Tuesday, May 17, 2011

Acronym in materials science: NIB for neodymium-iron-boron

In materials science and engineering, the acronym NIB stands for three chemical elements: neodymium-iron-boron. The reason for grouping these three elements together is that they can be alloyed into strong magnets with an energy product of about 470 kJ·m-3 [1].

NIB-based alloys belong to a particular material class which is critical to the design of rare-earth magnets and named rare-earth iron alloys, typically referring to alloys with a composition of two rare earth atoms to 14 iron atoms and one boron atom [2].

In NIB the rare-earth element is neodymium, which may partially be substituted by dysprosium to obtain magnets for high-temperature applications, for example, in car engines. 
Change of chemical composition, by including other element types and varying atomic ratios, results in alloys with different magnetic properties (see Table IV-1 in [2]). In addition to dysprosium, samarium and praseodymium are used.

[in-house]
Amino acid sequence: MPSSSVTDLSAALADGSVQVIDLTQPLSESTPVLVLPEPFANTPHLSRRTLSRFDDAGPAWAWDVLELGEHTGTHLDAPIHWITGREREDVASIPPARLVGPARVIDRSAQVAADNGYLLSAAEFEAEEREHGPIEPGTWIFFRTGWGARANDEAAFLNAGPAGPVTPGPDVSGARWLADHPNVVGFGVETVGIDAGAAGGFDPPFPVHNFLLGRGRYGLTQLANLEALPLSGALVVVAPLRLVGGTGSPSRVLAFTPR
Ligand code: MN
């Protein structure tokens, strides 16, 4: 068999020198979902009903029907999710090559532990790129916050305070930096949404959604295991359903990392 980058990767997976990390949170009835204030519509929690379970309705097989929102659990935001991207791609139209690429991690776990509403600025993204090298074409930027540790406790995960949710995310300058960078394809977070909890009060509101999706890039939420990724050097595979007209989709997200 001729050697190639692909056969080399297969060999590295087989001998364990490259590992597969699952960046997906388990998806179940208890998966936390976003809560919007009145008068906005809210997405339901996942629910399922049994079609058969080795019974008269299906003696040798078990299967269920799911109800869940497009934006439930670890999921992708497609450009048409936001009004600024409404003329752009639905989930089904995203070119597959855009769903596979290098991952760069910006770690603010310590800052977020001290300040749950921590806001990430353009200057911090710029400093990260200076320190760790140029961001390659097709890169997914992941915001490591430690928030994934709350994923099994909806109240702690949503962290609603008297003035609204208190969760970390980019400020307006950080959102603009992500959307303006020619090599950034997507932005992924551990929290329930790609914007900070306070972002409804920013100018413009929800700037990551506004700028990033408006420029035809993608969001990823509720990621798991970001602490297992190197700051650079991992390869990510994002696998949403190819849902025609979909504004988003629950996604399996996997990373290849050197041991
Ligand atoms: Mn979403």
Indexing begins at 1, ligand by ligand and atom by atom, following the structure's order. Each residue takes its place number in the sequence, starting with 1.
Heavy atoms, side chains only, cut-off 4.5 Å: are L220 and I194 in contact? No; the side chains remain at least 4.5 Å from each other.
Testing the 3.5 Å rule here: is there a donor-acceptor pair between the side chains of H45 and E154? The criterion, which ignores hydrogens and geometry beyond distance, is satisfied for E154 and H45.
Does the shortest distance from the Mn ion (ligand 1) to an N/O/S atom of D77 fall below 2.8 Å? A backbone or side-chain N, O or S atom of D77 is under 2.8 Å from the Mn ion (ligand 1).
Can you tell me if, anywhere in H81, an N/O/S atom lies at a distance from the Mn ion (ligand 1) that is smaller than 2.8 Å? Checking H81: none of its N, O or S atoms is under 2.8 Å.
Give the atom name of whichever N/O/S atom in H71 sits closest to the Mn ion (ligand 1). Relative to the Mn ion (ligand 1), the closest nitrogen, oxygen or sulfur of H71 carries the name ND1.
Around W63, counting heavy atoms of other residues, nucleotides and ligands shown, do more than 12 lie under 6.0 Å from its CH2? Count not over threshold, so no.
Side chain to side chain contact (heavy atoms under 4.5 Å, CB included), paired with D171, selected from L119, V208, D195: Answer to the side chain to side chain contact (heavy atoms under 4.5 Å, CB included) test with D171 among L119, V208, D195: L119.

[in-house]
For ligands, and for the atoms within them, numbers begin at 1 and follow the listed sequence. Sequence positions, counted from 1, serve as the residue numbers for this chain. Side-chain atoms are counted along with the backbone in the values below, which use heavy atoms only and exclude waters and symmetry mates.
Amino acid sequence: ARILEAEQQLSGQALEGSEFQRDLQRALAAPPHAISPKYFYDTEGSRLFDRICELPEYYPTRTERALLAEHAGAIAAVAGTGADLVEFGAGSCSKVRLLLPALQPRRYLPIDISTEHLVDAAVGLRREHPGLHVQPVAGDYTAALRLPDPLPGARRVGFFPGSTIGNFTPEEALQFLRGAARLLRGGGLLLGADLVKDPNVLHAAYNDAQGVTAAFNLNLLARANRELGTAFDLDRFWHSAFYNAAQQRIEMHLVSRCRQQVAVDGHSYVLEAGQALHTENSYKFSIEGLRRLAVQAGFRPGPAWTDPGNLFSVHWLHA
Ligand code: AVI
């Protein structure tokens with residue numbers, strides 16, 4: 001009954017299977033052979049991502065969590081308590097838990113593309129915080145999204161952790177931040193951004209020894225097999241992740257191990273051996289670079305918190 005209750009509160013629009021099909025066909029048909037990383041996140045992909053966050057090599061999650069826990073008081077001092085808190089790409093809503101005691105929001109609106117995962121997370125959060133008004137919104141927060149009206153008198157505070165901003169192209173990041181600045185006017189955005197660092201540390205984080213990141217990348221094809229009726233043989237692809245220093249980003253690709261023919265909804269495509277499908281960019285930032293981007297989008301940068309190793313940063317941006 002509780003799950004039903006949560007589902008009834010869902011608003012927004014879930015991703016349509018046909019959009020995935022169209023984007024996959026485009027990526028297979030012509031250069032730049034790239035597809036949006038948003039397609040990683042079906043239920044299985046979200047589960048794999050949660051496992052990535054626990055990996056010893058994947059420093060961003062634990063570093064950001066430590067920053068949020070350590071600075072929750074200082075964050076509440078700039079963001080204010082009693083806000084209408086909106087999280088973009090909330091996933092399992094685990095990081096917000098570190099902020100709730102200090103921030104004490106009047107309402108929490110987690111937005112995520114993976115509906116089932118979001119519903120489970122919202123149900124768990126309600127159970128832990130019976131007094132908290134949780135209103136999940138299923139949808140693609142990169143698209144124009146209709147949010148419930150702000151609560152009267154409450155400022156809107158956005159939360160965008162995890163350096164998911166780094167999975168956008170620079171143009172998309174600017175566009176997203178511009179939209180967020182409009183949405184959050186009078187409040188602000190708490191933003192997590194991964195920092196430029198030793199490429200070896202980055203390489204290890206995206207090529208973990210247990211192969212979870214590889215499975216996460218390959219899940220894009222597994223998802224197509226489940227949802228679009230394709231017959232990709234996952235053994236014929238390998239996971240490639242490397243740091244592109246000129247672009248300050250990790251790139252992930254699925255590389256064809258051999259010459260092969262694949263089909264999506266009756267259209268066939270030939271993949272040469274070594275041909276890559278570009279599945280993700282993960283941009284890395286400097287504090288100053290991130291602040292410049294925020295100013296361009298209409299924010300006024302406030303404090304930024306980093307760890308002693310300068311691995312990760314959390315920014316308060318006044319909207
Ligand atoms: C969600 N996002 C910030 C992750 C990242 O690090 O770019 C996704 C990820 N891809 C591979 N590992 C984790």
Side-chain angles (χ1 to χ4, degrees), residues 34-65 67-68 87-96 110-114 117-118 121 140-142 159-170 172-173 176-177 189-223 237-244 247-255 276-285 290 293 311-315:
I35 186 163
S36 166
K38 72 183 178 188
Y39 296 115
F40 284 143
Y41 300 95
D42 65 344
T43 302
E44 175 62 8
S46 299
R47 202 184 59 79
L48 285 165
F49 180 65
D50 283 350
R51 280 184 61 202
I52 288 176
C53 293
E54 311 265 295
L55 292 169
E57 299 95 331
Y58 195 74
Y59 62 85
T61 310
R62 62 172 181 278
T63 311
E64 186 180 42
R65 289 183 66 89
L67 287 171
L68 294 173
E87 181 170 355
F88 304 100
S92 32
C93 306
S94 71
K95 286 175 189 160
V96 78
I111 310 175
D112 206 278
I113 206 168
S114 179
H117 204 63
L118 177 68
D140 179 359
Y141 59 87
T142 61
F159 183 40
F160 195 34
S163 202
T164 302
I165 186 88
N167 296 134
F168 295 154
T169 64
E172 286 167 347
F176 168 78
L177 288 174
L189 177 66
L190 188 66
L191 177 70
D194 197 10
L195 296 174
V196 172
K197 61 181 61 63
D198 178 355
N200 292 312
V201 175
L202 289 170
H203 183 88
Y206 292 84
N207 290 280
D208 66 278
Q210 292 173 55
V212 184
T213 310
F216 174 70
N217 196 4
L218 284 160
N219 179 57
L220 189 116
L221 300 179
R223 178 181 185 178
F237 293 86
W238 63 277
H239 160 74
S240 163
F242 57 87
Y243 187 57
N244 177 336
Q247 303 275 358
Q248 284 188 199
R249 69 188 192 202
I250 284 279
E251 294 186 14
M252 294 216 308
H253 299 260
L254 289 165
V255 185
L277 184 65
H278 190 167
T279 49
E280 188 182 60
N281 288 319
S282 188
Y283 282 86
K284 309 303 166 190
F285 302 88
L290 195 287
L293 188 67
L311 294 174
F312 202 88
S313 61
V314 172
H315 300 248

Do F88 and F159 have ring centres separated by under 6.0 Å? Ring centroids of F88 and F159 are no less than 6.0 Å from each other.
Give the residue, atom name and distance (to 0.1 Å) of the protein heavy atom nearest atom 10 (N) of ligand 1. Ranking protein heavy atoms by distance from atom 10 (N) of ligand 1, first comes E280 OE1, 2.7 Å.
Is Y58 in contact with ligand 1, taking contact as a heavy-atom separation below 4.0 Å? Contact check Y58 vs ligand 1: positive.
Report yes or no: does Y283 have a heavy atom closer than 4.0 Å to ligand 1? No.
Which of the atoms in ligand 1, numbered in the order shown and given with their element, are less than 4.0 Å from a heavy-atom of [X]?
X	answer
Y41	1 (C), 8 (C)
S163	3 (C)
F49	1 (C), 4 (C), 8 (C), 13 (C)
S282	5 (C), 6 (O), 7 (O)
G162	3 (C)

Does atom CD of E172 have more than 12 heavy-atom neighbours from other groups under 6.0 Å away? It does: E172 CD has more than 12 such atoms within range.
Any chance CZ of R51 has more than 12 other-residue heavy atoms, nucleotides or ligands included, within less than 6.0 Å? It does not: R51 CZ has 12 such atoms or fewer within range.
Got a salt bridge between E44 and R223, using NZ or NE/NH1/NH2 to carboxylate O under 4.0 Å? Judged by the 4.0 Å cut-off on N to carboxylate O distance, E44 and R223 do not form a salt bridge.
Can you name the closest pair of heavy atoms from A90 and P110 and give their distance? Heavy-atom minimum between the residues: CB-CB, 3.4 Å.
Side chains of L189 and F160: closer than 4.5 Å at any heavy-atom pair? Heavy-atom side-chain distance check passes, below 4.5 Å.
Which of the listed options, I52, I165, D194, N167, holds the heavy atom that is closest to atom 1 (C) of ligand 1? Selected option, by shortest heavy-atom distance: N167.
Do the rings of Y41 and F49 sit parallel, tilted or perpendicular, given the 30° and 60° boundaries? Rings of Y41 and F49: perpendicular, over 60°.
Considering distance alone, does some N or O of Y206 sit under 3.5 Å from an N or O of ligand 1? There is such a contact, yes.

Iron atoms in NIB-based alloys have been substituted by copper, cobalt, zirconium and hafnium atoms. Corresponding energy products range from 130 to 400 kJ·m-3. But much higher values are desired for green technologies. A nanostructured, multilayered material composed of alternating Sm2Fe17N3 and Fe65Co35 layers can theoretically reach an energy product close to 1 MJ·m-3 [3]. But current technology has not yet reached the stage of fabrication to get magnets with energy products that come anywhere near this upper boundary.

References and detailed information
[1] Nicola Jones: The Pull of Stronger Magnets. Nature, April 7, 2011, 472 (7341), pp. 22-23. DOI: 10.1038/472022a.
[2] Magnetic Materials Producer Association: Standard Specifications for Permanent Magnet Materials [www.intl-magnetics.org/pdfs/0100-00.pdf].
[3] Ralph Skomski and J. M. D. Coey:  Giant energy product in nanostructured two-phase magnets. Phys. Rev B. 1993, 48 (21), pp. 15812-15816. DOI: 10.1103/PhysRevB.48.15812.

1 comment:

  1. Nice information..